← Back to the UpKeep blog

Episode 19: Electrical and Current Signature Analysis with Howard Penrose

This week on Masterminds in Maintenance, we discuss electrical current analysis technology with the President of MotorDoc. We explore, “What types of equipment can benefit from electrical current analysis? What should we look for? When is electrical current analysis good and when is it not great to use it?” Lesson now to find out these answers and more!

Howard has over 30 years of experience in predictive maintenance and maintenance testing, and is the President of MotorDoc LLC.  MotorDoc is a Veteran owned small business that provides industrial and commercial consulting, training and technology for electrical and mechanical system reliability. Howard was also the 2017-2018 Chair of the Society for Maintenance Professionals (SMRP). 

Listen to this week’s episode of Masterminds in Maintenance online or listen on Apple podcasts! You can also watch this week’s episode of Masterminds in Maintenance on YouTube.

Connect with Ryan Chan on Linkedin and Connect with Howard Penrose on Linkedin.


Join the Masterminds in Maintenance Podcast!

Are you an industry leader in the fields of maintenance and reliability? We want to hear from you!

Please sign up to be a featured guest of our podcast, Masterminds in Maintenance.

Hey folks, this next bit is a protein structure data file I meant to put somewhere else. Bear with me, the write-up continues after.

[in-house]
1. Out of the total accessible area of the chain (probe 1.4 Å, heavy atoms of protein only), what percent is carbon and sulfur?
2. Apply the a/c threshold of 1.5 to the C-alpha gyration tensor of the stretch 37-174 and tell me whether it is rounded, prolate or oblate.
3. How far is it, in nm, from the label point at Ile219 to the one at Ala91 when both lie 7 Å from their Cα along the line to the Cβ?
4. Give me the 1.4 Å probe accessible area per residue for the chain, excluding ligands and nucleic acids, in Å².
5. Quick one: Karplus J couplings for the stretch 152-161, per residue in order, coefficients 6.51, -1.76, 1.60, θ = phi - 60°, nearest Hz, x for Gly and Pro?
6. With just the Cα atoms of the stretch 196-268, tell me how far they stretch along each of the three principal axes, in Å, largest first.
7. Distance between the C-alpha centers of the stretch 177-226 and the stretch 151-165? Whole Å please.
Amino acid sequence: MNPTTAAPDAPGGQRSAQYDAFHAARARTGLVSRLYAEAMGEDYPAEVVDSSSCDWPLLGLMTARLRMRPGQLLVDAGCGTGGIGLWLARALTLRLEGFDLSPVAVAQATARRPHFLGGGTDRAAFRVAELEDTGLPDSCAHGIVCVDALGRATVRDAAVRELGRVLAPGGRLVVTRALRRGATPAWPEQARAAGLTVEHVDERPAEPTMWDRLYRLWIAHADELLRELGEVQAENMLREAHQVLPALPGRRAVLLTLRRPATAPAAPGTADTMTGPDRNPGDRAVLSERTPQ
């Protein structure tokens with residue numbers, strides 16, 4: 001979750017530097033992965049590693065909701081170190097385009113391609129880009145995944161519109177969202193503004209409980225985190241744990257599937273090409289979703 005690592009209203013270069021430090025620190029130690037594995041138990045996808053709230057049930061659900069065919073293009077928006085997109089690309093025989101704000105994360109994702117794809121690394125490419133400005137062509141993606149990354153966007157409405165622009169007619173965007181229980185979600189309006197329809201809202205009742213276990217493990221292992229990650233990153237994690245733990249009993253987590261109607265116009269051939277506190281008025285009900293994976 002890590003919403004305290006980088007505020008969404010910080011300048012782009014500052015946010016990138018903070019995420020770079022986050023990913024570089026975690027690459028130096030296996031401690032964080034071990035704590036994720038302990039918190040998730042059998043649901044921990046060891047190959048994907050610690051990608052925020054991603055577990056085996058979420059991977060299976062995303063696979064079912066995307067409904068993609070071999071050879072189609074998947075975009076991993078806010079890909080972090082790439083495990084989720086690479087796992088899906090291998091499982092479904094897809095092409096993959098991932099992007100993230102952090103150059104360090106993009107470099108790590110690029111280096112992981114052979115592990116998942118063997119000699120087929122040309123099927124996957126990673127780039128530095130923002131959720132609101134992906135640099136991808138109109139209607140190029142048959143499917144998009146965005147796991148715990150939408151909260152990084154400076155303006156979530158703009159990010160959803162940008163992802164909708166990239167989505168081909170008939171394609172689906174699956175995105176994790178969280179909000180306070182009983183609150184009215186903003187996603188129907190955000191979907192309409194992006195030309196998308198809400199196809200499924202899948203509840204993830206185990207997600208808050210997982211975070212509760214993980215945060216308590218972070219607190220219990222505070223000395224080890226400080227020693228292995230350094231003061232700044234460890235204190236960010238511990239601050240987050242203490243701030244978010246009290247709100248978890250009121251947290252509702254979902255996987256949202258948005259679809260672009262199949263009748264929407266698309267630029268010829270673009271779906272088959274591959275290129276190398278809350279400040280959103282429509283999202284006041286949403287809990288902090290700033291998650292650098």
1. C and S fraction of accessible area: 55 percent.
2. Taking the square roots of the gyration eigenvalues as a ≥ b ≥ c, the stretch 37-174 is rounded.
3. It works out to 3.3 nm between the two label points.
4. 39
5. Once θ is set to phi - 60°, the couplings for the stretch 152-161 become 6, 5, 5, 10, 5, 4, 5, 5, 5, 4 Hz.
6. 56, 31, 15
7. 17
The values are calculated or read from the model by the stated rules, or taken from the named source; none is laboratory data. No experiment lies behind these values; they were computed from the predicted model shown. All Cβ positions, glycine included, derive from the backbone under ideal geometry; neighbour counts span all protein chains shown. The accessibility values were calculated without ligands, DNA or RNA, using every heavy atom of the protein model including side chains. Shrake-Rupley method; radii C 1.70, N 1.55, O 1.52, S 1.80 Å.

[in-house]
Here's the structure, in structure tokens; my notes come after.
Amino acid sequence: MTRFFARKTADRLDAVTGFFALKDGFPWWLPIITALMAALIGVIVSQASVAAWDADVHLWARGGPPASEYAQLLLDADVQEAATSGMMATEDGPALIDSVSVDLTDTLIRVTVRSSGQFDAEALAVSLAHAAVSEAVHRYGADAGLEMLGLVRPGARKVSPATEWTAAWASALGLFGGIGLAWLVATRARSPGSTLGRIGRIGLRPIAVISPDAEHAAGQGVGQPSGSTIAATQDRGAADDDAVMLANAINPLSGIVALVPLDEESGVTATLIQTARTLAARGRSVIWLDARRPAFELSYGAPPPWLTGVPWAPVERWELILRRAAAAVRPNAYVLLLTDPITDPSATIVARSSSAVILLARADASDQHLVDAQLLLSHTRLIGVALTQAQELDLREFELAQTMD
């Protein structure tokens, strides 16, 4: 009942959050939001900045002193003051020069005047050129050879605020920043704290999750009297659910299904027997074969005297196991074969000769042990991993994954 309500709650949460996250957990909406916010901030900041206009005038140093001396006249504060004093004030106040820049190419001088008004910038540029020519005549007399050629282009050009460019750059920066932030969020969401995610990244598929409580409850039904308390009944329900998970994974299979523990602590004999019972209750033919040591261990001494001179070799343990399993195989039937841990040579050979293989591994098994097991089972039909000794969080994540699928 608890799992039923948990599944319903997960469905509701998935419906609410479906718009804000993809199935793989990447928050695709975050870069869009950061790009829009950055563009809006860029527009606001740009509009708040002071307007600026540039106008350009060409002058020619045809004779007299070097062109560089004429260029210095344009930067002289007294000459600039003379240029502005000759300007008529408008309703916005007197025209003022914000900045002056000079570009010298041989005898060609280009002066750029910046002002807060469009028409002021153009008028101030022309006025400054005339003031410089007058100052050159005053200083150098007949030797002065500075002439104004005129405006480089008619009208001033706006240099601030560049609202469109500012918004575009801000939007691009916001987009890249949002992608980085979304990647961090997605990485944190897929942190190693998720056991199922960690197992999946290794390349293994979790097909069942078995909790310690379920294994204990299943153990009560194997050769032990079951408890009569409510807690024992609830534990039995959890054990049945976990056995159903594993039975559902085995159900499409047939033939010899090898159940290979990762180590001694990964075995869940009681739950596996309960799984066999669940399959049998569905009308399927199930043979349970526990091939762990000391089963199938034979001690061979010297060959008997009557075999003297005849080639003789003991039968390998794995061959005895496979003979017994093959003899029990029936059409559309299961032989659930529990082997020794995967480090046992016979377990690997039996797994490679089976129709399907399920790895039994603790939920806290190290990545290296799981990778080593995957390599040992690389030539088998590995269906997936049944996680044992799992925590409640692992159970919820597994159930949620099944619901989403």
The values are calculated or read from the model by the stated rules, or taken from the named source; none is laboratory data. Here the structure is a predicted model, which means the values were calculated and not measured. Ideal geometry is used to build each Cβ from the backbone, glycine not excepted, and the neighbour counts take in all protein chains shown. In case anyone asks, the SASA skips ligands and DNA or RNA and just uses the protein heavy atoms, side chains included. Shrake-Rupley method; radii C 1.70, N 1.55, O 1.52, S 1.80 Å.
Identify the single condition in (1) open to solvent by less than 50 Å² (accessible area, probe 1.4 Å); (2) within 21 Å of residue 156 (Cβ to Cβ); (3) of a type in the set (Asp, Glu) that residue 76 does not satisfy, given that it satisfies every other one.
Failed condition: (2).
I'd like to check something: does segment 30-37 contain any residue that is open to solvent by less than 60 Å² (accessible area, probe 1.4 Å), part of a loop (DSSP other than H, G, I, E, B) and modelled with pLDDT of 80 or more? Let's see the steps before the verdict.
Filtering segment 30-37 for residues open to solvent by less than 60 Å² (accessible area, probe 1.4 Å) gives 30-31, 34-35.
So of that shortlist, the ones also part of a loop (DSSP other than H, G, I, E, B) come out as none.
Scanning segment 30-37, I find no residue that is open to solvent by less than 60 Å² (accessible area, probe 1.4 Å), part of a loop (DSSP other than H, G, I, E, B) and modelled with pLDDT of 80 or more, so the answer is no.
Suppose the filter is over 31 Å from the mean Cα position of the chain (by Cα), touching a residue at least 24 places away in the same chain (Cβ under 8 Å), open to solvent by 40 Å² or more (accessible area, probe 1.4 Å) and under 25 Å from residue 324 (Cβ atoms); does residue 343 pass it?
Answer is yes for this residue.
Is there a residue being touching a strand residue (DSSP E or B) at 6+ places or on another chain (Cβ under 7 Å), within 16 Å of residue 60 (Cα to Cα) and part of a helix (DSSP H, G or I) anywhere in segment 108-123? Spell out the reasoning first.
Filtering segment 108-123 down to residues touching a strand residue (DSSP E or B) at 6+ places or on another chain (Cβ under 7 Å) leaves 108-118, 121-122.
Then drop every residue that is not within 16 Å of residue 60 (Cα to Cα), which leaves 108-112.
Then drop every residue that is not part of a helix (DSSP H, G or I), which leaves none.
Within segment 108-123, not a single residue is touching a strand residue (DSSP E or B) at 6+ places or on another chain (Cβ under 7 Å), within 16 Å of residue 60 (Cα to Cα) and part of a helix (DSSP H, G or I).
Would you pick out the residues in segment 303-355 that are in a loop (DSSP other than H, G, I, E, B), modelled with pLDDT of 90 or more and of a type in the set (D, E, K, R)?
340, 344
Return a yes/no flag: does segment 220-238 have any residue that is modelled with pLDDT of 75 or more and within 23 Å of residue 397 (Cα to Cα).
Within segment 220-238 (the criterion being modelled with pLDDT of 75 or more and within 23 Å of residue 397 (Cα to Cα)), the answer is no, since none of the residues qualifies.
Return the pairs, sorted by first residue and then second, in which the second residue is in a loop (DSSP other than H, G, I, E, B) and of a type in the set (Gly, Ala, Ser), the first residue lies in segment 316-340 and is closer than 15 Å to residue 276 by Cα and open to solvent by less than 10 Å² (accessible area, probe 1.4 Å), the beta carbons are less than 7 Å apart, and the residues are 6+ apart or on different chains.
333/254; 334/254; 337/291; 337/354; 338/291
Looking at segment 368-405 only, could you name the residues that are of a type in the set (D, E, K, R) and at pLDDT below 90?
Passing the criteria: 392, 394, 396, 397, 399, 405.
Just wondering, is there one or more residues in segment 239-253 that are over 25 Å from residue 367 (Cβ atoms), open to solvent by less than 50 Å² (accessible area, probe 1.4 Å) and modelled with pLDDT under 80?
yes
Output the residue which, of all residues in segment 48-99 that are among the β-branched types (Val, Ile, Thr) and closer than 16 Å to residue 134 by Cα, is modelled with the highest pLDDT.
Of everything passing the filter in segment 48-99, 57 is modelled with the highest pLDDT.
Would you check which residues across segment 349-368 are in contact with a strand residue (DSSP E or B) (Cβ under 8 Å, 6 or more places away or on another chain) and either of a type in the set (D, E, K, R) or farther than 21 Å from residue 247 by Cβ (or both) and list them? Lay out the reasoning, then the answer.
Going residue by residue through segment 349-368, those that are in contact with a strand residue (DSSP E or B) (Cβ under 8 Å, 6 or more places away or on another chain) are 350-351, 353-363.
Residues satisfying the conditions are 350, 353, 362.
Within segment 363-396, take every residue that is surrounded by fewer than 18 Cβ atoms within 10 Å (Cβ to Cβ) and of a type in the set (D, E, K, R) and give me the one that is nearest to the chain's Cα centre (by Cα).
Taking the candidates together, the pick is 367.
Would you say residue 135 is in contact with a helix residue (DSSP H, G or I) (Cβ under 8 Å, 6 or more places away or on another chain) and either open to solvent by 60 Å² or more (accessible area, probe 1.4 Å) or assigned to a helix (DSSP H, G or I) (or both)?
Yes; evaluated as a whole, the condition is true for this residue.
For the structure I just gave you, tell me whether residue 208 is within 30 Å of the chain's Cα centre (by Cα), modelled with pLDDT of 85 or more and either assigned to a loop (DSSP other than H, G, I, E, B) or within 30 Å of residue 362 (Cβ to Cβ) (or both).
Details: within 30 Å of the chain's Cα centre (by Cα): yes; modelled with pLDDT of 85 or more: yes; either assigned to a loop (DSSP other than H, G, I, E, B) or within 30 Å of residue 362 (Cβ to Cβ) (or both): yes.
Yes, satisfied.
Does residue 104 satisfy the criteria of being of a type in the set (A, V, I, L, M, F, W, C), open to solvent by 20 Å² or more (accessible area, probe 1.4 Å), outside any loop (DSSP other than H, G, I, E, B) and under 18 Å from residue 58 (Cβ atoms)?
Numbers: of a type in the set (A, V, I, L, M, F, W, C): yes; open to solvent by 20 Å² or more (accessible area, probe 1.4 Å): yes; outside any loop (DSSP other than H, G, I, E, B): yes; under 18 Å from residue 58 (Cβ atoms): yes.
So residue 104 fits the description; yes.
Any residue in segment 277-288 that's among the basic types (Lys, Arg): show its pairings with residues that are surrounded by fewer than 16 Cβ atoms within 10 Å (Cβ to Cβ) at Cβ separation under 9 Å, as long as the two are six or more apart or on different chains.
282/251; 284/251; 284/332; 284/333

Stay tuned for more inspiring guests to come in future episodes!


Transcript

00:06 Ryan Chan: Welcome to Masterminds in Maintenance, a podcast for those with new ideas in maintenance. I’m your host, Ryan, the CEO and founder of UpKeep. Each week, I’ll be meeting with a guest who’s had an idea for how to shake things up in the maintenance and reliability industry. Sometimes the idea failed, sometimes it made their business more successful and other times their idea revolutionized an entire industry. Today, I’m super excited, we’ve got Howard Penrose here on the show with us. You’ve got over 30 years of experience in predictive maintenance, maintenance testing, and you’re also the president of MotorDoc LLC. From my understanding, you’ve also got a PhD, so you’ve got quite the breadth of experience working in this industry. I know that you own the company, MotorDoc. It’s a veteran-owned small business that provides industrial and commercial consulting, training technology for electrical and mechanical systems and reliability. And I also know that you’re on the chair for the SMRP for the years of 2017 to 2018. Howard, huge welcome to you here on the show, I’m super excited to be chatting with you.

01:10 Howard Penrose: Oh, thank you very much. And I’m very glad to be here.

[chuckle]

01:12 RC: Well, great, I’m super excited. I know quite a bit about your background. I’ve been following you and your journey for quite some time now, but I know that all of our listeners may not have that experience. Maybe you can start us off a little bit with your background and how you got started in this industry and field?